**This article contains spoilers for The Last of Us: Part II**
Over the years, I’ve found so many role models in video games. From a young age, I absolutely idolised Lara Croft. It was my dream to travel around the world, exploring tombs and finding priceless artefacts and as I grew older, the gaming scene has produced so many fantastic female protagonists with a range of different qualities.
In recent years, there has been a definite uptick in the amount of female-led games, with titles such as Uncharted: Lost Legacy, Horizon Zero Dawn, Hellblade, Alien: Isolation and Celeste, and it’s worth mentioning Assassins Creed: Odyssey, and how Kassandra is by far the stand-out choice of the two protagonist choices, becoming one of the most beloved Assassins Creed protagonists to date.
Owing to the popularity of narrative games, these days, characters in games are a lot less one-dimensional, displaying a wider range of personalities. It’s not a reach to state that back in the day, most female characters in games were created with a heavy male gaze, with unachievable body types and gorgeous facial features designed to please the ‘demographic’ at the time. And whilst there has been some progress, there is also huge room for improvement in terms of diversity in the gaming world, with an overwhelming majority of white protagonists.
There has been a lot of scrutiny on developers for how they design their female characters, both positive and negative. Abby one of two protagonists from Naughty Dog’s latest game, The Last of Us: Part II came under a ridiculous amount of speculation when images of her were shown, with an excess of body shaming saying a woman could never look like her and an influx of people asking if she was transgender due to leaks that there was a transgender character featured in the game. Just take a look at the Google search results when I typed in ‘Abby The Last of Us II’:
It’s still astonishing that this is still a common occurrence in the gaming world, or really anything where a woman’s body is portrayed in a more realistic, or merely different way to what we are used to seeing in popular media. There will always be people shouting from the darkest depths of the internet about how the ‘agenda’ is ruining gaming. The agenda of merely wanting to see ourselves represented accurately on-screen rather than constantly seeing unrealistic versions of some dudes concept of ideal ‘womanhood’…terrifying.
With this in the mix, it was unsurprising that after this woman who could definitely break some of these peoples arms, was revealed to be Joel’s murderer, that The Last of Us: Part II got absolutely review bombed by these people that just couldn’t handle it. I detail my thoughts more on this topic in a previous piece on TLOU2, but I think it’s worth bringing up again. These people are so threatened by a woman like this entering into their realm and it’s so sad.
Now that I have played The Last of Us: Part II once, and watched two other people play it, I find myself drawn more and more towards Abby. As much as I still love Ellie, in my eyes, the segments of the game where you play as Abby are far superior, I found myself being so eager for my friends to just get to her parts.
The process of getting to know her is fascinating and truly messed with me so much on a first playthrough. I remember for the first hour being so restless because I wanted to get back to Ellie, but very slowly as time went by, these feelings disappeared and it got to the point when I was back with Ellie, that I wanted to be back with Abby. I find her so engaging and relatable as a person. She has been through so much and whilst, obviously, revenge is terrible and although Joel’s death still breaks my heart, I understand her actions.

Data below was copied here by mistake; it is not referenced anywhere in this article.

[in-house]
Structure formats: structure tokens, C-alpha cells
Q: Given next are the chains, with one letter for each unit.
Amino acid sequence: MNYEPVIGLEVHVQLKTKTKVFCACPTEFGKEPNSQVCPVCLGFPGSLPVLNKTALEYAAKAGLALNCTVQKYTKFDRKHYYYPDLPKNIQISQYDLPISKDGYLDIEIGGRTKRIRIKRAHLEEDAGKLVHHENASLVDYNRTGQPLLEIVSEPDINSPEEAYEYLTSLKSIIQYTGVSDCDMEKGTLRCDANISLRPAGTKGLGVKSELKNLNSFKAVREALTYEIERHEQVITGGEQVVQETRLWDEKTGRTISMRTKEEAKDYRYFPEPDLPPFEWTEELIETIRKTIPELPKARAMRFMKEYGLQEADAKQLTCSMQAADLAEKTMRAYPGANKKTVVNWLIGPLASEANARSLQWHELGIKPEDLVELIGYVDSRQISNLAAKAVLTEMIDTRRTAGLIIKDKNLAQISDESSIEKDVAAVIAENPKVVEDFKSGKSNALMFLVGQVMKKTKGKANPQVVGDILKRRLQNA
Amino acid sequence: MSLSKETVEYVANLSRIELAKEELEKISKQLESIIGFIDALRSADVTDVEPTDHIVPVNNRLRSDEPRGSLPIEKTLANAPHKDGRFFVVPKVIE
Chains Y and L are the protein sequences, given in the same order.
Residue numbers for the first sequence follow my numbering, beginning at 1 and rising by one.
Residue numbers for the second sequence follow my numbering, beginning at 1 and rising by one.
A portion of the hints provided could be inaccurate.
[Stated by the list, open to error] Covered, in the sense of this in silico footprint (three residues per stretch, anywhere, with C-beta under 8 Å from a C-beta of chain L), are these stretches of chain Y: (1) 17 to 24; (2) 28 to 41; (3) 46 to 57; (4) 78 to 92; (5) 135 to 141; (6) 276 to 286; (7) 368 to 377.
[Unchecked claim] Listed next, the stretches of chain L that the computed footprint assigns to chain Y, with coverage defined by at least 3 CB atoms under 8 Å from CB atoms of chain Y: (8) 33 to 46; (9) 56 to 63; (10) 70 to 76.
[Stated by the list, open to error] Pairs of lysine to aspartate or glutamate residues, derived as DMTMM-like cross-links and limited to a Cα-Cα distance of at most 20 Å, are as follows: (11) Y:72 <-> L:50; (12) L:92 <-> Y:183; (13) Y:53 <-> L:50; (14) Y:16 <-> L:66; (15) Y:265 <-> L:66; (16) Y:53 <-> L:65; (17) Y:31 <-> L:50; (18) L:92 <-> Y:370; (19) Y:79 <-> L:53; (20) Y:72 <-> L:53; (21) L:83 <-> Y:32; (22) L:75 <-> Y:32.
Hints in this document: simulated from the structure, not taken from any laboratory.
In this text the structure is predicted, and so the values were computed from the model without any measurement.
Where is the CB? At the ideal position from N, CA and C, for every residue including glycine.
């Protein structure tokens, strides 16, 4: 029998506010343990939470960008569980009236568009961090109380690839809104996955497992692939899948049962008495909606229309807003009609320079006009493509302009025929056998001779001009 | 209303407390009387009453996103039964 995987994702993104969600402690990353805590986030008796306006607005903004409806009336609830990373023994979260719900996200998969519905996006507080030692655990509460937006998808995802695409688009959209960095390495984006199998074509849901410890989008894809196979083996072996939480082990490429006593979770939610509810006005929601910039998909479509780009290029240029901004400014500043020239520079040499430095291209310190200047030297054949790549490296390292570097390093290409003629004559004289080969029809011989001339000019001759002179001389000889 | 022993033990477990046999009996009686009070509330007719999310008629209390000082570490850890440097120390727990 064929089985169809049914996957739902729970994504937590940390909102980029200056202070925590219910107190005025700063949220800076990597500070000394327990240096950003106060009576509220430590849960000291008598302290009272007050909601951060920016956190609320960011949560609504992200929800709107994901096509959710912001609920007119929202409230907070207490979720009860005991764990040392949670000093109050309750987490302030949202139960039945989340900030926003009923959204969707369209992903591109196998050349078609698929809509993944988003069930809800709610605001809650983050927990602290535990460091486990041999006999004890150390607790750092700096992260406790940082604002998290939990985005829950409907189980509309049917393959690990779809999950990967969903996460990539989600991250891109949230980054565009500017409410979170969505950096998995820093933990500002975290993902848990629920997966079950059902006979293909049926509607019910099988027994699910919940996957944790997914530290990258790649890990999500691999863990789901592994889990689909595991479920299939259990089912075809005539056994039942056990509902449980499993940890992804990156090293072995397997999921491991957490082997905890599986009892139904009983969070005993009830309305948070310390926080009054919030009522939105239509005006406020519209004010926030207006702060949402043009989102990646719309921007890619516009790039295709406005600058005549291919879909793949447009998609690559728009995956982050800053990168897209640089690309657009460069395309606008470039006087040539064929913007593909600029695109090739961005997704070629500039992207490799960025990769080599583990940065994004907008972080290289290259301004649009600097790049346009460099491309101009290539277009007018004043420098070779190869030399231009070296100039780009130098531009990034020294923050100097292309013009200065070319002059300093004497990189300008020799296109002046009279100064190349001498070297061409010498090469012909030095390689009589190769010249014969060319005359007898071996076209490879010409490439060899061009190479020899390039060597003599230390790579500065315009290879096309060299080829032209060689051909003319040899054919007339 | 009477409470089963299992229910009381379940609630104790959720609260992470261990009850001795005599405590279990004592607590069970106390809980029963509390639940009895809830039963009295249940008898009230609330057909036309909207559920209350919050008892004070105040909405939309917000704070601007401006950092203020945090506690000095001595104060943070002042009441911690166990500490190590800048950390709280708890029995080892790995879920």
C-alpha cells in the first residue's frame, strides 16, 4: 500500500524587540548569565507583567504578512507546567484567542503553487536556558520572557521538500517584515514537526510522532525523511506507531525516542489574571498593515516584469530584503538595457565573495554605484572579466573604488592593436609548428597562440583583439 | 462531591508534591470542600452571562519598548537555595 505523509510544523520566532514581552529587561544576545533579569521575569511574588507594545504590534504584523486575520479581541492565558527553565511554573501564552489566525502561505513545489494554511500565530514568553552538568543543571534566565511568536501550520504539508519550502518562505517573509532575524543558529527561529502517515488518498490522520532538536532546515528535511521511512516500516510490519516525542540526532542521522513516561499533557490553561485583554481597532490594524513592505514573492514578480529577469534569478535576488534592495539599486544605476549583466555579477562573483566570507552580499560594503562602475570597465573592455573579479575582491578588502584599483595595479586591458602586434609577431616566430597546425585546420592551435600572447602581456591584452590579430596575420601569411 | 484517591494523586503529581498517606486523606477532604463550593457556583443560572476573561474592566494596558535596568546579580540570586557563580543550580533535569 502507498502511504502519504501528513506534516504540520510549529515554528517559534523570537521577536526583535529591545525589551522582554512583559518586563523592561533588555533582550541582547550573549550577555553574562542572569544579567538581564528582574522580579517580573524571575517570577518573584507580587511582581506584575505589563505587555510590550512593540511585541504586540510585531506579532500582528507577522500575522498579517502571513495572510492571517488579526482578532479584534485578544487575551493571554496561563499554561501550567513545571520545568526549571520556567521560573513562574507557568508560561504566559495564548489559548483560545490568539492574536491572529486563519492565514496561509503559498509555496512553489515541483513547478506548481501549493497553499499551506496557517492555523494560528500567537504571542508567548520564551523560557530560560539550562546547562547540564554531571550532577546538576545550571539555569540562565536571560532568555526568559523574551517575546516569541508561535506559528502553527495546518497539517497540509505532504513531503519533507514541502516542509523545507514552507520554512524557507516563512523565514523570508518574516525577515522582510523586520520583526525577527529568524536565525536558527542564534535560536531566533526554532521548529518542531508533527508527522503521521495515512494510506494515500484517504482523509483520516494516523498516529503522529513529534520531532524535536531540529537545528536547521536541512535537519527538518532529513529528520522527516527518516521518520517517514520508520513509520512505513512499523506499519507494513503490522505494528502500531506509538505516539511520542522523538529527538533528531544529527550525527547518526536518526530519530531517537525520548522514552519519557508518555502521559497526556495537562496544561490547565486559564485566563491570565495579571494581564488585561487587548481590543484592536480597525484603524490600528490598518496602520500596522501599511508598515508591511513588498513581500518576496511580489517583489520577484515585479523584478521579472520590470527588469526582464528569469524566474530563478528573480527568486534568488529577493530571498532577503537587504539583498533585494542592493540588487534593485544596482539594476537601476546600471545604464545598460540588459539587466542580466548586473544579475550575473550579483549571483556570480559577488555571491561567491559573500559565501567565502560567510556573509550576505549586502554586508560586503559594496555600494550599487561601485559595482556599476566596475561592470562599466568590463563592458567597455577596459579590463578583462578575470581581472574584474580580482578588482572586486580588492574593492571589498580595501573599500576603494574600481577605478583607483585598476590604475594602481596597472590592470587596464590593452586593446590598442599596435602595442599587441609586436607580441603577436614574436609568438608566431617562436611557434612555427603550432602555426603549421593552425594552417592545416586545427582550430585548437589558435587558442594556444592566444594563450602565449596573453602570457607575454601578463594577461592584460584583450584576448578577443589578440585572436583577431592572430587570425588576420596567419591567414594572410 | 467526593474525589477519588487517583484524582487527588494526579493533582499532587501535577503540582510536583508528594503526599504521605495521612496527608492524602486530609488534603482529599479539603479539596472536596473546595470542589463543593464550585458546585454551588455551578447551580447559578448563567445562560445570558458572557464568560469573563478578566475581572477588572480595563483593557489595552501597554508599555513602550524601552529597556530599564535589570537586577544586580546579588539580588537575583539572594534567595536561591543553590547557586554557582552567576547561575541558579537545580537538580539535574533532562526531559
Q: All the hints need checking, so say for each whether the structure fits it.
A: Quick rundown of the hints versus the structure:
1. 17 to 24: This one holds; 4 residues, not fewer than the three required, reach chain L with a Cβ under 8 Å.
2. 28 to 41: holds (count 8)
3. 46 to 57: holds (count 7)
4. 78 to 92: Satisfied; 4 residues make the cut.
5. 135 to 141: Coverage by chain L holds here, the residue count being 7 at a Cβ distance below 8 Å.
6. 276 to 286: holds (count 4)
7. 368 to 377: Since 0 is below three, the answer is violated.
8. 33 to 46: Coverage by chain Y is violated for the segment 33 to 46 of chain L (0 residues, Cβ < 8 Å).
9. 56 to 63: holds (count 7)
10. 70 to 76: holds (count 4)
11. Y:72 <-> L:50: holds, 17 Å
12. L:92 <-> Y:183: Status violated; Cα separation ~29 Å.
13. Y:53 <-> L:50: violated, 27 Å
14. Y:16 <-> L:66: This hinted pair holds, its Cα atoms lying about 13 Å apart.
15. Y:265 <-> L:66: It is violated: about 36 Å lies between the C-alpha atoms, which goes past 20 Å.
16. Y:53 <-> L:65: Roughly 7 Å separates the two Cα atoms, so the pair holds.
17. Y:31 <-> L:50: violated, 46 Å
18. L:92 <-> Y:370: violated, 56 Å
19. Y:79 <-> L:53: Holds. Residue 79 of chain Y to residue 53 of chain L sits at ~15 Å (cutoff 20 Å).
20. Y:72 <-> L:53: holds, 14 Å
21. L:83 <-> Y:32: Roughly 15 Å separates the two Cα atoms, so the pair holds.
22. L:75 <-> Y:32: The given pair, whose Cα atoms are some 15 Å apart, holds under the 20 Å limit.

The constant reference to her being afraid of heights, her connection with Owen in her flashbacks (especially that damn seal scene), the entire storyline with Lev and how eventually they form a relationship similar to Joel and Ellie’s. All of these things are designed to soften her to the player, and in my case, I found myself relating to her a lot. She is extremely awkward at times, but incredibly loyal and despite being quite closed off, deeply cares about those around her.
All of these things helped me connect to her on such a personal level and out of all of the female characters I have seen or played as I have never looked at a character more and thought to myself ‘I want to be strong like her’. Obviously, Abby’s looks have been discussed a lot, with her arms and chest size being at the forefront, mostly in a negative light.
I look at Abby and see a realistic shape, I am also of smaller boob size and to see this represented in a AAA game is awesome. Considering as in my later teenage years I mourned the fact that I wouldn’t be adorned with boobs like my idol Lara Croft and felt so negatively about my body shape for years. But just seeing someone with similarly shaped body parts to my own is so great and led me to think, well I could definitely get arms like Abby’s, right?
So, I am now on a quest to get ‘arms like Abby’, and as silly as it seems, this is genuinely my mantra whenever I talk about working out. I feel so strongly connected to her as a character so this in my head doesn’t seem that unrealistic. It’s worth noting that it isn’t just the physical side either, I want to be strong like Abby, I want to be able to do things for myself I want to be able to take care of myself, at the moment I am worryingly weak. Whilst I may not look exactly like her in the end, I am so inspired by her character and it’s a huge feat for anything to motivate me to work out as much as Abby has.
This response to Abby was completely unexpected and I have to give such huge credit to Naughty Dog for crafting these characters so well, that I went from hating this character to wanting to be more like her and be inspired to work out for the first time in my life and get those arms like Abby.